On May 25, 2011, J. Russell George, the Treasury Inspector General for Tax Administration (TIGTA) testified before the House Ways And Means Subcommittee on Oversight. In comments entitled “Improper Payments in the Administration of Refundable Tax Credits”, George described significant fraud that the IRS is allowing to occur, supposedly because it does not have the resources to address this known issue. Tens of billions of dollars could be saved by simply enforcing laws as they are written.
Unless active checking of refund credits occurs, refundable credits are a predictable disaster waiting to happen. The TIGTA described the situation as follows:
…The unintended consequence of these credits is that they are often the targets of unscrupulous individuals who file erroneous claims for these credits. In its June 14, 2010, report to TIGTA, the IRS noted that they have found that refundable credits of significant amounts attract fraud. … Nonrefundable tax credits are limited to the amount of an individual’s income tax liability. As such, the maximum benefit an individual will receive if a nonrefundable credit is claimed inappropriately is to fully offset his or her tax liability resulting in owing nothing. Refundable credits do not have such limitations. In essence, individuals can obtain money that they did not earn and to which they are not entitled simply by claiming a refundable tax credit. Refundable credits can result in tax refunds even if no income tax is withheld or paid; that is, the credits can exceed the liability for the tax.”
The fraudulent conduct is enormous. Absent addressing the problem in a meaningful additional way, the fraud raises issues about the appropriateness of the entire program. According to the TIGTA’s testimony:
The total amount of improper payments relating to refundable credits far exceeds the amount of fraudulent tax refunds the IRS identifies and stops …
Earned Income Tax Credit – The IRS continues to report that 23 to 28 percent of EITC payments are issued improperly each year. In Fiscal Year 2009, this equated to $11 to $13 billion in improper EITC payments. Although the IRS has annually reported billions in EITC improper payments since it began reporting estimates to Congress in 2002, little improvement has been made in reducing these payments.”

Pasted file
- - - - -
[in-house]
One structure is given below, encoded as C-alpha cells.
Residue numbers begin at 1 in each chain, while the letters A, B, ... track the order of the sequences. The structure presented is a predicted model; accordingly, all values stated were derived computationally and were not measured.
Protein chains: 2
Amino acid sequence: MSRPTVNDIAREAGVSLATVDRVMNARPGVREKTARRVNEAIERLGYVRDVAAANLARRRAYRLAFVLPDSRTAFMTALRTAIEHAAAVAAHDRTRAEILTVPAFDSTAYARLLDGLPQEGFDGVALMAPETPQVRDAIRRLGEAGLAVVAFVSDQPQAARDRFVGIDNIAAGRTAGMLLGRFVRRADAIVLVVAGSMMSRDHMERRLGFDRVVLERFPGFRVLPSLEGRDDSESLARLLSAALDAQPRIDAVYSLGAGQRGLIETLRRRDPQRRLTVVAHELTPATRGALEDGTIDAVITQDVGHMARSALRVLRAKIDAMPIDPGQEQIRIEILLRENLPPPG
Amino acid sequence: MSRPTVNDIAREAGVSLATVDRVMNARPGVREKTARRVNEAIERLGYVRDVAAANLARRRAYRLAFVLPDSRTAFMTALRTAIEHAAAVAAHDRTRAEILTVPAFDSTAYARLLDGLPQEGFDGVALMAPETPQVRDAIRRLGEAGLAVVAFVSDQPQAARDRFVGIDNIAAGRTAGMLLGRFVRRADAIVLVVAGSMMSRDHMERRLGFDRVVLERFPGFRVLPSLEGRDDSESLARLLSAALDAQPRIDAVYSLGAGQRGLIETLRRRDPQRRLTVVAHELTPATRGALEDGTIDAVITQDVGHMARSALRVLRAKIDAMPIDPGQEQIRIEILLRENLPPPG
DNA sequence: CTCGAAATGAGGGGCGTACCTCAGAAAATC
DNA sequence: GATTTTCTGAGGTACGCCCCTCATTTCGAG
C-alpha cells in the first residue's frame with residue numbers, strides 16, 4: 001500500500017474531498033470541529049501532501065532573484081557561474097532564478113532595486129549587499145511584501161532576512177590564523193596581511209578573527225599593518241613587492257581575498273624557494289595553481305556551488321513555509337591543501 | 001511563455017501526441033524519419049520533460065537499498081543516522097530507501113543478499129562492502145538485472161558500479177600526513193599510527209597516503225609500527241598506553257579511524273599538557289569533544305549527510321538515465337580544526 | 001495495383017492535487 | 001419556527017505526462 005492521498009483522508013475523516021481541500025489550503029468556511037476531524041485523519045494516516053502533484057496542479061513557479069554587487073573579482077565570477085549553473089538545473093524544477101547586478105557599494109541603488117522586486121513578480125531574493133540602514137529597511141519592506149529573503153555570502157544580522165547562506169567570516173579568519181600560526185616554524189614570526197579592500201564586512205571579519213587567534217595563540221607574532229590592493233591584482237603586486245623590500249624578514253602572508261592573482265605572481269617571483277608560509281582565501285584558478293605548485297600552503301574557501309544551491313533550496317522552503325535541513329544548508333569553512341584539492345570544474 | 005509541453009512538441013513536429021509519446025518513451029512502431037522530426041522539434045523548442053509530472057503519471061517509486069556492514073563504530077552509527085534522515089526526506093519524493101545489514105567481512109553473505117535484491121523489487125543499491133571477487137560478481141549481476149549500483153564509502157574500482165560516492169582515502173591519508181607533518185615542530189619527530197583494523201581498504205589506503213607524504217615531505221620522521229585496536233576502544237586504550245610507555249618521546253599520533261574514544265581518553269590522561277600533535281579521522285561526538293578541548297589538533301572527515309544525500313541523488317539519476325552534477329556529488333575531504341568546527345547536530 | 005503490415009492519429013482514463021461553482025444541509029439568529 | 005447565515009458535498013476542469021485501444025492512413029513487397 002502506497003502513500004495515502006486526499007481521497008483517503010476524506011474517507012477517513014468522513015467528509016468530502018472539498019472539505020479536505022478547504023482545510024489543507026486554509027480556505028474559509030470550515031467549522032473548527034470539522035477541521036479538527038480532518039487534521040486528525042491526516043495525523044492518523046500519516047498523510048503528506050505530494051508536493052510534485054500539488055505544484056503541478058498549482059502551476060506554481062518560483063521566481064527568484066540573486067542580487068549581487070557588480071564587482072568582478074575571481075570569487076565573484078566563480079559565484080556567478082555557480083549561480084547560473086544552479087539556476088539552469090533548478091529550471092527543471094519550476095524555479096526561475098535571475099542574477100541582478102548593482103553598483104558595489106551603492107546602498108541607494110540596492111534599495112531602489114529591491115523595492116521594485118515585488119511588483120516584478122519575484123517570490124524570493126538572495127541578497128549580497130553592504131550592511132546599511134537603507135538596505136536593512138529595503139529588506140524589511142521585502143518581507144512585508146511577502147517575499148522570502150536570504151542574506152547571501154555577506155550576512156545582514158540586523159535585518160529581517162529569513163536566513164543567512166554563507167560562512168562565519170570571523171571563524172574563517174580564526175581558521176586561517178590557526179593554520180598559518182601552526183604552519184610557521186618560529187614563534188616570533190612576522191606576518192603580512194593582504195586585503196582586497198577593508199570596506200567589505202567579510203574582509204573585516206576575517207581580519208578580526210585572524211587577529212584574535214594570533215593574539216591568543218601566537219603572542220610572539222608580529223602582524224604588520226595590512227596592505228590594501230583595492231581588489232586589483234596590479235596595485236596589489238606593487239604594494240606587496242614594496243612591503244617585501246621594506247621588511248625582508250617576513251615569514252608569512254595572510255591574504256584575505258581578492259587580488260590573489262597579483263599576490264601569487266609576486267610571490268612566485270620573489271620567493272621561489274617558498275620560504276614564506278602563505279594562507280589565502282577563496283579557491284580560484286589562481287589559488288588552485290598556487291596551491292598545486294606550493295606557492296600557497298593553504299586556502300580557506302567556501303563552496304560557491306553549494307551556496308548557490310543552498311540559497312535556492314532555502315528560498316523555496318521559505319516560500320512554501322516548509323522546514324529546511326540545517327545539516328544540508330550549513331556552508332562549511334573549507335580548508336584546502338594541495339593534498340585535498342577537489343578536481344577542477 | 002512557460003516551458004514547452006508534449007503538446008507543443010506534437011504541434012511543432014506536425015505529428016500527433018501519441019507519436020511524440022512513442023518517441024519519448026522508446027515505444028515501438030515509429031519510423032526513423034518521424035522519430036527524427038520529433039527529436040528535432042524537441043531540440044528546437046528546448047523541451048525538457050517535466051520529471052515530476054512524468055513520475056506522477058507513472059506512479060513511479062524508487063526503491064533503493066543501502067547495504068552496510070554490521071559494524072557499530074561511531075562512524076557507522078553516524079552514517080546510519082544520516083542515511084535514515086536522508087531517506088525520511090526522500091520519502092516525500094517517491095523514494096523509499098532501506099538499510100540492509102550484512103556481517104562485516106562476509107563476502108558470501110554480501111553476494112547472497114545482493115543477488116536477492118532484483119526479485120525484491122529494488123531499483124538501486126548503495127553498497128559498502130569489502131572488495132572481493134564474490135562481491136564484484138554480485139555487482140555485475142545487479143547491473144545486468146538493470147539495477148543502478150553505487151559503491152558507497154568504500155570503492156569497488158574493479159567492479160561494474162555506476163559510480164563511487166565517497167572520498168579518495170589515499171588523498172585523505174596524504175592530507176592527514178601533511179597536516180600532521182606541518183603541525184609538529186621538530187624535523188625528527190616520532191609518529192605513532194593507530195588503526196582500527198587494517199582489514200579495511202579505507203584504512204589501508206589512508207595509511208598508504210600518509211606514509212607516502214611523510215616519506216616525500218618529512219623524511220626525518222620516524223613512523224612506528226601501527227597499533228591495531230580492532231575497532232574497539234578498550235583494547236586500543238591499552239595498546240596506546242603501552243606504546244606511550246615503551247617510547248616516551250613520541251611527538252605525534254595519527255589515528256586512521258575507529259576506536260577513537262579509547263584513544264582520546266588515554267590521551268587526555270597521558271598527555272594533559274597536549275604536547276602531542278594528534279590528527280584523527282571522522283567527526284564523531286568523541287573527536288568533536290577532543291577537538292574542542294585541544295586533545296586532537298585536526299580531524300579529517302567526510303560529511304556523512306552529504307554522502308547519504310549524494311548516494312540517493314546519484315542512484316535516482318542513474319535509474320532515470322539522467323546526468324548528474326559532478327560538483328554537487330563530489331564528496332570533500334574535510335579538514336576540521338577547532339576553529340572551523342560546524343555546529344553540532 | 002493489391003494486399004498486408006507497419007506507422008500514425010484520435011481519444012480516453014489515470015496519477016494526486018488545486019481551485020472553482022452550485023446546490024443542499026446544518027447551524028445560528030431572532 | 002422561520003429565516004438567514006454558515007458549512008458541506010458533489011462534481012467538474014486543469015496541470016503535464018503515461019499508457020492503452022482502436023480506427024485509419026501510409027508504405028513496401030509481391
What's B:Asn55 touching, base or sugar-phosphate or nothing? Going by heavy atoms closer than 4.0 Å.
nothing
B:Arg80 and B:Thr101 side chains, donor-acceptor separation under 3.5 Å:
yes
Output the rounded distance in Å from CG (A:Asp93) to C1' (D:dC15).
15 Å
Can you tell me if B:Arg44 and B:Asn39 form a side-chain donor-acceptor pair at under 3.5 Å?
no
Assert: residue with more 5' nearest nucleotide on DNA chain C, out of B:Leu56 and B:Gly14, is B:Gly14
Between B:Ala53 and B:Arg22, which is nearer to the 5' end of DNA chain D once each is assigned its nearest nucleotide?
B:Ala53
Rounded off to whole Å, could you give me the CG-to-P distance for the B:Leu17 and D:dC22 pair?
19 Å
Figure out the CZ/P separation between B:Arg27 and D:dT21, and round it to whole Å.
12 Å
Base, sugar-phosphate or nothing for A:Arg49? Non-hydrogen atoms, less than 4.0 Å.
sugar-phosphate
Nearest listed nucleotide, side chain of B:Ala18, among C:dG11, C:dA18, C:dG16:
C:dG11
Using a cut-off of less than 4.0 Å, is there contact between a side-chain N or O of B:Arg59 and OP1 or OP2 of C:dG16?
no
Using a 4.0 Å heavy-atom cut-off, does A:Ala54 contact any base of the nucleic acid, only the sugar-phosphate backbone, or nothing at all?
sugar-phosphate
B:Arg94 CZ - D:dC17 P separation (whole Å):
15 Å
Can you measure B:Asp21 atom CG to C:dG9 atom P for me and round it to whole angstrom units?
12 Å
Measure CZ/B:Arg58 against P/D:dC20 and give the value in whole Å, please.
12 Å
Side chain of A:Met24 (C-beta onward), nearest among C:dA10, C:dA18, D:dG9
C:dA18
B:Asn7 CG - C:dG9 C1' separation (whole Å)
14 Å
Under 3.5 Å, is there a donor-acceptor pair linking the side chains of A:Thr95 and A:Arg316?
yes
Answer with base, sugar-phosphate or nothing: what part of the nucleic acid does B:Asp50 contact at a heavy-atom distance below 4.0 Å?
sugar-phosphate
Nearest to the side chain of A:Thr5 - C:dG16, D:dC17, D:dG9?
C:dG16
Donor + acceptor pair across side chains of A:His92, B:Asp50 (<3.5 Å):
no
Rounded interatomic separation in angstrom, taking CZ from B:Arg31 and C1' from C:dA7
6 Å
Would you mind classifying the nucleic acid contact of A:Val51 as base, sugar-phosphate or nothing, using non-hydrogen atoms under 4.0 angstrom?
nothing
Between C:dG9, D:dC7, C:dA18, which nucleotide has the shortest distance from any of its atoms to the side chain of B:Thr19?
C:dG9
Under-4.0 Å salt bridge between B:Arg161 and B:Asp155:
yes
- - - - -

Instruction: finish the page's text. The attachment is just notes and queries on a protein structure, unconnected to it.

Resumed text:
This is hardly a new problem, but the Administration is unable or unwilling to do what is necessary. Again, in the words of the TIGTA:
…the IRS did not include required strategies or quantifiable targets to reduce EITC improper payments. IRS management noted that reduction targets were not set because it has to balance compliance and enforcement resources among all income groups.
We have conducted a number of audits that have identified opportunities to reduce EITC improper payments. We have provided the IRS with specific actions that could be taken to reduce improper payments and allow the IRS to establish measurable reduction targets. While the IRS has implemented some of our recommendations, it has not taken action to address key recommendations aimed at preventing or reducing improper EITC payments. For example, we reported in December 2008 that the IRS had developed processes to successfully identify billions of dollars in erroneous EITC payments. However, the IRS stated it did not have the resources to implement the processes that would help address many of these cases, resulting in the majority of the improper claims being paid.”
During the same hearing, the Government Accountability Office (GAO) presented a report which comments on the IRS’s apparent lack of authority to even check for some of these problems. This notion seems ridiculous, but the GAO says its true, as follows:
Prerefund compliance checks enable IRS to help confirm taxpayers’ identity, quickly and efficiently correct some errors with virtual certainty, and identify and audit some returns before refunds are issued. Math error checks are among the most beneficial of these checks for both IRS and taxpayers. For example, they have the potential to deter billions of dollars in erroneous refunds, especially for refundable tax credits that have increasingly been enacted and that have resulted in significant overclaimed refunds and fraudulent claims. …
In 2010, GAO suggested that authorizing the use of MEA (math error authority) on a broader basis with appropriate controls to protect taxpayer rights could help IRS immediately address compliance problems with newly created tax credits.
This describes a similar report involving the refundable credits for first time home purchases. An earlier blog entry describes the wrong-headed approach that is currently being used for tax administration.
This deserves significant additional attention from the current administration.